January 31, 2011

Cantonese Baroque Splendor

A local find, this Cantonese enamel ewer was a little battered, but very exciting. I could remember seeing a similar example in the V&A Museum, London, way back in my student days, when I used to spend every spare moment wandering it's labyrinth of treasures.

It is a wonderful piece of Baroque style, shaped like a Roman soldiers helmet, with a scallop shell form to the base. This style was popular in the first few decades of the 18th century, suggesting a very early date for this piece.

Cantonese enamels are a vibrant production from the region of Canton, China. The earliest examples we see date to the reign of Kanxi, in the early 18th century. This ewer would therefore be a very early example of the type: most pieces we see are well into the 19th century, and it is still being created in much the same style today.

The usual pieces are simple cups, or boxes, or dishes. This form is pure European, most probably copied from a Portuguese metal example of the late 17th century. It was intended entirely as an export piece, to be sent back to Europe as a vibrant alternate to porcelain (examples of this shape exist in Chinese Export porcelain also). In Europe, it would have been paired with a shell shaped basin, and was intended to be used in the washing of your hands.

The enamels are stunning in their vibrancy, somehow being brighter in effect than a porcelain example. The brilliant white tin oxide ground on the copper body reflects light with an absolute clarity that porcelain cannot achieve.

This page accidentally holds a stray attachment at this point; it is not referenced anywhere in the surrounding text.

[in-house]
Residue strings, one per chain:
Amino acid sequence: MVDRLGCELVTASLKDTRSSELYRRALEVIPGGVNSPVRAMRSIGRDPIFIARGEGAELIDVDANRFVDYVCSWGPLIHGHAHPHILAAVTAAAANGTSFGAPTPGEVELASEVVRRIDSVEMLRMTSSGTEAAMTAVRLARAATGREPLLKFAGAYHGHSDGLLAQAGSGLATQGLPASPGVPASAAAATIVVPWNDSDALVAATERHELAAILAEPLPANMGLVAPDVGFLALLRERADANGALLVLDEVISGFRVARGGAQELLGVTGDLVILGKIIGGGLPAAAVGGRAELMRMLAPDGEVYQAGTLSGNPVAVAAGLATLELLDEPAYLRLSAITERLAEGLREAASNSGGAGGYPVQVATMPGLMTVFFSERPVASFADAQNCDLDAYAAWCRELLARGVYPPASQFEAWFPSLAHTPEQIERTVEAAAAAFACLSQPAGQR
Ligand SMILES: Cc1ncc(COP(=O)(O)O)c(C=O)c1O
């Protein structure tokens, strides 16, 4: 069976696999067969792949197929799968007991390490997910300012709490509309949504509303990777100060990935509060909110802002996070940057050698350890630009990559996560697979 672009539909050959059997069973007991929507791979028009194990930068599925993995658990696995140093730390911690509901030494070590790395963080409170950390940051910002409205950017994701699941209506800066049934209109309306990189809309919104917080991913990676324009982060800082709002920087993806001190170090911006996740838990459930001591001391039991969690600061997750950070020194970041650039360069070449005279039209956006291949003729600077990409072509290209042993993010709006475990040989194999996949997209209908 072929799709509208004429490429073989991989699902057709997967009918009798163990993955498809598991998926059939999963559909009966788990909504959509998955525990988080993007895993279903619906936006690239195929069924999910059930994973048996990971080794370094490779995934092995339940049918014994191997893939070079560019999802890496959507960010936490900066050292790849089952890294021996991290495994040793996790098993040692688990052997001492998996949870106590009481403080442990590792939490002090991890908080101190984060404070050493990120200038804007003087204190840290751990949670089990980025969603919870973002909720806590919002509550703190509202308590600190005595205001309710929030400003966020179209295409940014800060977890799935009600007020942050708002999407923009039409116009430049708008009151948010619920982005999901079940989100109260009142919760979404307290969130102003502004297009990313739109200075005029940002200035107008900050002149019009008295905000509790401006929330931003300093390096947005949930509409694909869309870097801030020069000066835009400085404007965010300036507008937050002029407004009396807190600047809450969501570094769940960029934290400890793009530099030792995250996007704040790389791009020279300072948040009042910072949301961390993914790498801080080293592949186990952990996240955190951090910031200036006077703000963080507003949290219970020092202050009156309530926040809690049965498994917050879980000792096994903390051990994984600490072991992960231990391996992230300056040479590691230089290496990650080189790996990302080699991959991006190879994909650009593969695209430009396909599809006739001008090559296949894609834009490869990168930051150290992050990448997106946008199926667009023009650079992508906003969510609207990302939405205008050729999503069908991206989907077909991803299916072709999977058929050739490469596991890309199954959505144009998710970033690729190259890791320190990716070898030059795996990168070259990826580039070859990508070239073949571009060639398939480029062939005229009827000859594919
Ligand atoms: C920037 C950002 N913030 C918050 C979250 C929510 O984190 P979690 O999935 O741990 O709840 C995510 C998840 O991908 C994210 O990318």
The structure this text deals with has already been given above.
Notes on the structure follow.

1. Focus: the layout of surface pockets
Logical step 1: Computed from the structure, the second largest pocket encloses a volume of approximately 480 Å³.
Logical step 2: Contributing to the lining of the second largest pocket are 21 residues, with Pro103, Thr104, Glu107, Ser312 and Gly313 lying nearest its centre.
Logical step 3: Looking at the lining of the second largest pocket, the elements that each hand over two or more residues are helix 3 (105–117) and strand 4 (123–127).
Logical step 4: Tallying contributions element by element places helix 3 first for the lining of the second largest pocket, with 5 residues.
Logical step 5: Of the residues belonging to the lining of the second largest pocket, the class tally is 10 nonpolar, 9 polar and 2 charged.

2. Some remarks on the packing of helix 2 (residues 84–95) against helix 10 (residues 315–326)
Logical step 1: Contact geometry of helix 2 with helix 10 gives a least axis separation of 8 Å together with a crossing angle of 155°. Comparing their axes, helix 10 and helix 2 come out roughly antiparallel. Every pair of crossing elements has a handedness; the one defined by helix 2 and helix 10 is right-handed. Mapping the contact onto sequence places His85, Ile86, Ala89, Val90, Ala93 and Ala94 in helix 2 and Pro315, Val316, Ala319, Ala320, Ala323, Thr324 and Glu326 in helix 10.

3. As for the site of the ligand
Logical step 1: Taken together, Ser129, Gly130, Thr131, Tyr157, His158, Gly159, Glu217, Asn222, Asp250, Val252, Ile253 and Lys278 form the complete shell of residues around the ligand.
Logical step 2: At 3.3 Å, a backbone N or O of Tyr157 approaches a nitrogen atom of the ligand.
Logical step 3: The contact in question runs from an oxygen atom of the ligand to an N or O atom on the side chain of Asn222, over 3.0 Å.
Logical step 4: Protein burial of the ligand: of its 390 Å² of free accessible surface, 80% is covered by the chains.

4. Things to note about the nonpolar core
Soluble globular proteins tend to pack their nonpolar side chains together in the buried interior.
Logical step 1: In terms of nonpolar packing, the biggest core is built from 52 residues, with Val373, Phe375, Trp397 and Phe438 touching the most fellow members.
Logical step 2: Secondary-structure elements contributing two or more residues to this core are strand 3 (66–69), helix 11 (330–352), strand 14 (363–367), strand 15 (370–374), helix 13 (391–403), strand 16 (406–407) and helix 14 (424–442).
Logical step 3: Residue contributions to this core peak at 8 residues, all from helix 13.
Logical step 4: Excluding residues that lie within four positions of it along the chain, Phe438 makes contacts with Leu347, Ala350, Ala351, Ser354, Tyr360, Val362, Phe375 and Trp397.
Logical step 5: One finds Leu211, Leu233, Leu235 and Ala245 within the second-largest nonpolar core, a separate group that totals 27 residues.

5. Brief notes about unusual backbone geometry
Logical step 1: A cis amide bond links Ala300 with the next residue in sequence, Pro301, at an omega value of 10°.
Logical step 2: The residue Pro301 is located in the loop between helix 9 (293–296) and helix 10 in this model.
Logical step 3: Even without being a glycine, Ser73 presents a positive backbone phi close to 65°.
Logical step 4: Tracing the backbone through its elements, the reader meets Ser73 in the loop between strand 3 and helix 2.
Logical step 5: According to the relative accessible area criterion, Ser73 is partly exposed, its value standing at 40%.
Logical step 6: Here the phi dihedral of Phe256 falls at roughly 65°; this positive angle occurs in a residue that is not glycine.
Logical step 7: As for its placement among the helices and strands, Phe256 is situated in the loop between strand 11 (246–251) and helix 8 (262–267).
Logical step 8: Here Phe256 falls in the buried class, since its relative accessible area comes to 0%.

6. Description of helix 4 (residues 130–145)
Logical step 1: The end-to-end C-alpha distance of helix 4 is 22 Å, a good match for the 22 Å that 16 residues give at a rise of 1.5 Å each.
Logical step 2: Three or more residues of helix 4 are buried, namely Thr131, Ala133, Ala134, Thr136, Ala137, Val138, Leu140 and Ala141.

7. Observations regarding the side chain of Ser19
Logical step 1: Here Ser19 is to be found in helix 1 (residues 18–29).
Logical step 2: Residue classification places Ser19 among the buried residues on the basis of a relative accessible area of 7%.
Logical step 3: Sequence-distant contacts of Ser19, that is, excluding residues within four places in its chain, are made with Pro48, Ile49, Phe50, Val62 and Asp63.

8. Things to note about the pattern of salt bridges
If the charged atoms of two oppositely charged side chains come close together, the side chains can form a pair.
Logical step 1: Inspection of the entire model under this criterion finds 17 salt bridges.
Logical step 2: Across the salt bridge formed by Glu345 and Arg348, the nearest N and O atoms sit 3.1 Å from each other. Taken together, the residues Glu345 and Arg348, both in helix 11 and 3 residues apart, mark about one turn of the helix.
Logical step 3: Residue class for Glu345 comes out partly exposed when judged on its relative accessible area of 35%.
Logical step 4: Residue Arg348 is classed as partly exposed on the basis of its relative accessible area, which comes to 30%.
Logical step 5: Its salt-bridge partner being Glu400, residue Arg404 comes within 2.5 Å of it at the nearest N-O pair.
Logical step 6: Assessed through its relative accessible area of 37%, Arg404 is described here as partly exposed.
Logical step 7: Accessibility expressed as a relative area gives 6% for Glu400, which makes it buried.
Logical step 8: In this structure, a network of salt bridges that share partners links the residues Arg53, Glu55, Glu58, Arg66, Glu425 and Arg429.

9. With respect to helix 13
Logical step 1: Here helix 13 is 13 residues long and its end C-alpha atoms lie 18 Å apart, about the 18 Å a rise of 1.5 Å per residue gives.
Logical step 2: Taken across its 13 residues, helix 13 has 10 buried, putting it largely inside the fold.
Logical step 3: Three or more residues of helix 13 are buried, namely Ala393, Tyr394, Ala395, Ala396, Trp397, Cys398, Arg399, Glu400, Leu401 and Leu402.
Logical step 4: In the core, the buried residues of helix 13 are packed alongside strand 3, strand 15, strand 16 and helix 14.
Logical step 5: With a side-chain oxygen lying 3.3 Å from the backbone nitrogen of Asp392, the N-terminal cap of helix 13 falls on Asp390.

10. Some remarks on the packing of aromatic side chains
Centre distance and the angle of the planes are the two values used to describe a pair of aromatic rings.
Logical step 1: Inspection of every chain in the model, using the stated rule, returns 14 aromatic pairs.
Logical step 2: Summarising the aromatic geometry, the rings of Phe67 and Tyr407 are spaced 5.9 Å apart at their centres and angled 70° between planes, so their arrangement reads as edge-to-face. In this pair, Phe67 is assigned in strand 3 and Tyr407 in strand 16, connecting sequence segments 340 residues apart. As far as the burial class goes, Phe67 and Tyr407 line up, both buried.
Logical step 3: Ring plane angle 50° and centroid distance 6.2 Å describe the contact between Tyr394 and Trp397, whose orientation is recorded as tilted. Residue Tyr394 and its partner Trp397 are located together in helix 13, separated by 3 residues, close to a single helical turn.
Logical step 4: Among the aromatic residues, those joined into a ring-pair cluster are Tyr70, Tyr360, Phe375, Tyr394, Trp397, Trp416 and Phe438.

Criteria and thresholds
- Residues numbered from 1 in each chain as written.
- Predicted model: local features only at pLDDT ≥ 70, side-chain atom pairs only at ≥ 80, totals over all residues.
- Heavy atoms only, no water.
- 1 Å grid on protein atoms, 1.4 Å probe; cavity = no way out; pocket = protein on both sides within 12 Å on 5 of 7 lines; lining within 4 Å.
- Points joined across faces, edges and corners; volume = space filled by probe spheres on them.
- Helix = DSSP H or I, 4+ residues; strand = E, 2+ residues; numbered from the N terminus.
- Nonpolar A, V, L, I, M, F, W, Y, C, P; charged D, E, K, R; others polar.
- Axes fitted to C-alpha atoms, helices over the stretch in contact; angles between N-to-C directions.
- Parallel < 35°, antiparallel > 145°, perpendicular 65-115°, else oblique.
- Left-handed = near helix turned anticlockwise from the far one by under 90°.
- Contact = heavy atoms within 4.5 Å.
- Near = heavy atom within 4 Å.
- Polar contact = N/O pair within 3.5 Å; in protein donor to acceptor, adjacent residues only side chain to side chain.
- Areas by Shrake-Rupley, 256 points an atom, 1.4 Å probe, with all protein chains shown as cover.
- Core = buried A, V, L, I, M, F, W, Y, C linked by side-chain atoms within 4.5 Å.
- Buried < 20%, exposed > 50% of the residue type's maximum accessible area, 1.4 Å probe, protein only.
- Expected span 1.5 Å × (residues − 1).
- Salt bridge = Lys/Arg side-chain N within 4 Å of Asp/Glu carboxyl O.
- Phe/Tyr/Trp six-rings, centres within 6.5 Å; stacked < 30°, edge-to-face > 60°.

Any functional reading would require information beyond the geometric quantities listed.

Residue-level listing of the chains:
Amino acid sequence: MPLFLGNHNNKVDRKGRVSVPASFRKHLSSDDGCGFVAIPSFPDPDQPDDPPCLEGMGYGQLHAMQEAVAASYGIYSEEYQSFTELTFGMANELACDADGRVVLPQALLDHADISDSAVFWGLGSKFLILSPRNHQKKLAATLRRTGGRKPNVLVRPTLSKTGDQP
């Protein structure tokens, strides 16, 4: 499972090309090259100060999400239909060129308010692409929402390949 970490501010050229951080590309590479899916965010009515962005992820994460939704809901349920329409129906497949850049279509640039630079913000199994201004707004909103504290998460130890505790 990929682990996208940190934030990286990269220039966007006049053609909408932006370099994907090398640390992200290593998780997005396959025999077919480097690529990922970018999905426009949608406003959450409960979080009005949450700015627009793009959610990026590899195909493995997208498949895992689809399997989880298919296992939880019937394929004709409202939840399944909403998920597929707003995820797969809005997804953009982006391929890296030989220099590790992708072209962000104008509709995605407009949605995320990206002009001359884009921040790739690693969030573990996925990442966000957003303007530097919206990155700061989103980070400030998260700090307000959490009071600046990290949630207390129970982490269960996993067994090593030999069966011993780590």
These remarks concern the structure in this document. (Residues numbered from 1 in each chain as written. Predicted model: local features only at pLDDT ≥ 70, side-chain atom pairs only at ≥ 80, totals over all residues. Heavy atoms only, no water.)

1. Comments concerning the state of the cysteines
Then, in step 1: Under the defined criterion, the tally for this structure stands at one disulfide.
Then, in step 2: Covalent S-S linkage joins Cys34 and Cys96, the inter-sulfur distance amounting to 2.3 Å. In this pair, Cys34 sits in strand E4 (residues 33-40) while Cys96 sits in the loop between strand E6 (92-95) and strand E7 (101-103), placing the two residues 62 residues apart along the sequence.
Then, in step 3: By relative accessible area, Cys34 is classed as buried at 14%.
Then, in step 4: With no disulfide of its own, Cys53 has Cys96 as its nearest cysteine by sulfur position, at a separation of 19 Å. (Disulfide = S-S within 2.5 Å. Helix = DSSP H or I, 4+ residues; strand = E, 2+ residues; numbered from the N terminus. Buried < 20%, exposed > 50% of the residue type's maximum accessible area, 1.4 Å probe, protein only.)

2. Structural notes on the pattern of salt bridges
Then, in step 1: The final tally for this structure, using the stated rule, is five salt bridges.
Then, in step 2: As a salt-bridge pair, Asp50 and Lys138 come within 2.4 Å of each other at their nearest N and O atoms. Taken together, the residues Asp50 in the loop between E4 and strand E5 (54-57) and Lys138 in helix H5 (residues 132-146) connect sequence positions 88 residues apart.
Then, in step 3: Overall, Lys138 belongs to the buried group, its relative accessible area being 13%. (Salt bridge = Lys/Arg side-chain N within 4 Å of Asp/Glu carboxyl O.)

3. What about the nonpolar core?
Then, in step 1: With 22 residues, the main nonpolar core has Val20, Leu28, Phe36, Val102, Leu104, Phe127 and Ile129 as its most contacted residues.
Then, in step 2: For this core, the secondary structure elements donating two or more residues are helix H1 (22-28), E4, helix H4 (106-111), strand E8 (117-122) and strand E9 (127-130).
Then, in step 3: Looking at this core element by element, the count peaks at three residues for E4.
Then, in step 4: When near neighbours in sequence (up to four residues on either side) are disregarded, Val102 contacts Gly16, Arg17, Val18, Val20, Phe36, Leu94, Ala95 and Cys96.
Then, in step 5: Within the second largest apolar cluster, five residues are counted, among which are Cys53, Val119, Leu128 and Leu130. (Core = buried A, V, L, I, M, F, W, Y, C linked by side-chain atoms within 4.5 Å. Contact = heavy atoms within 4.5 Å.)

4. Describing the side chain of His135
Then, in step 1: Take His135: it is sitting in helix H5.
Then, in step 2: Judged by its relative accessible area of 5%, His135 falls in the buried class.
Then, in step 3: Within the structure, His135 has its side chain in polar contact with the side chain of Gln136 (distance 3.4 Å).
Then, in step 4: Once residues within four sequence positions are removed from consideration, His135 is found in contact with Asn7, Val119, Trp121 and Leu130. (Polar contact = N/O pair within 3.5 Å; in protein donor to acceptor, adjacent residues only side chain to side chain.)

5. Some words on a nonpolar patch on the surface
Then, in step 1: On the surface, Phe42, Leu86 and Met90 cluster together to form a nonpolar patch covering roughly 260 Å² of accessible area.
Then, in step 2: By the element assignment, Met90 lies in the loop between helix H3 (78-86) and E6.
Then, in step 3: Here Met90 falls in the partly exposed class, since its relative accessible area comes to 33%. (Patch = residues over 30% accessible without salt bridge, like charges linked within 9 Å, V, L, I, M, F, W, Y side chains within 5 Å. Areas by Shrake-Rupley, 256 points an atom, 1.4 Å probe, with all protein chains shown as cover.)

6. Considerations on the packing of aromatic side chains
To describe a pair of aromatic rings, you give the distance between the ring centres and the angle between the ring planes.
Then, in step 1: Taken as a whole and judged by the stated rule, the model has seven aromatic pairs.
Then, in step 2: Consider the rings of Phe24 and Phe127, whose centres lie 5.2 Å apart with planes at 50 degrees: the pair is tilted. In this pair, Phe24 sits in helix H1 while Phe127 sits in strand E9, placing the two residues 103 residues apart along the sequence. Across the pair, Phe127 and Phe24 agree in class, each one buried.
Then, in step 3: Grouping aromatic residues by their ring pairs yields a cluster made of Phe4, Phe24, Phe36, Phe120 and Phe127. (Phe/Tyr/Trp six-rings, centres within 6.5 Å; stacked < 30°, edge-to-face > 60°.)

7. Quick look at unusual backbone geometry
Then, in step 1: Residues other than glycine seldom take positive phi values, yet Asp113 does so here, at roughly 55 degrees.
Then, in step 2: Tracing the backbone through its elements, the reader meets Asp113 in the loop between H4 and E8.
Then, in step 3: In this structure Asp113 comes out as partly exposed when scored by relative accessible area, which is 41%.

As is the nature of enamels, there were numerous losses to this piece: it is after all a thin layer of glass on metal, and very vulnerable to knocks and pressure. Our restorer did a wonderful job bringing this rarity back to life.
Cataloguing it was quite a task, not having access to the V&A to verify my memory, and not being able to find a comparable example in a book.
Then today I had my "Eureka" moment:

In a 1997 King Street Christies sale, titled The China Trade, a very similar example with it's basin was sold..... Look at that estimate. Quite a rarity indeed!
Being able to identify this rarity shows that spending excessive amounts of time in museums such as the Victoria & Albert, South Kensington, is well worth while, for me it was 10 years later that I put my observations to use.

The ewer is part of our 2011 Exhibition currently being prepared for an April opening.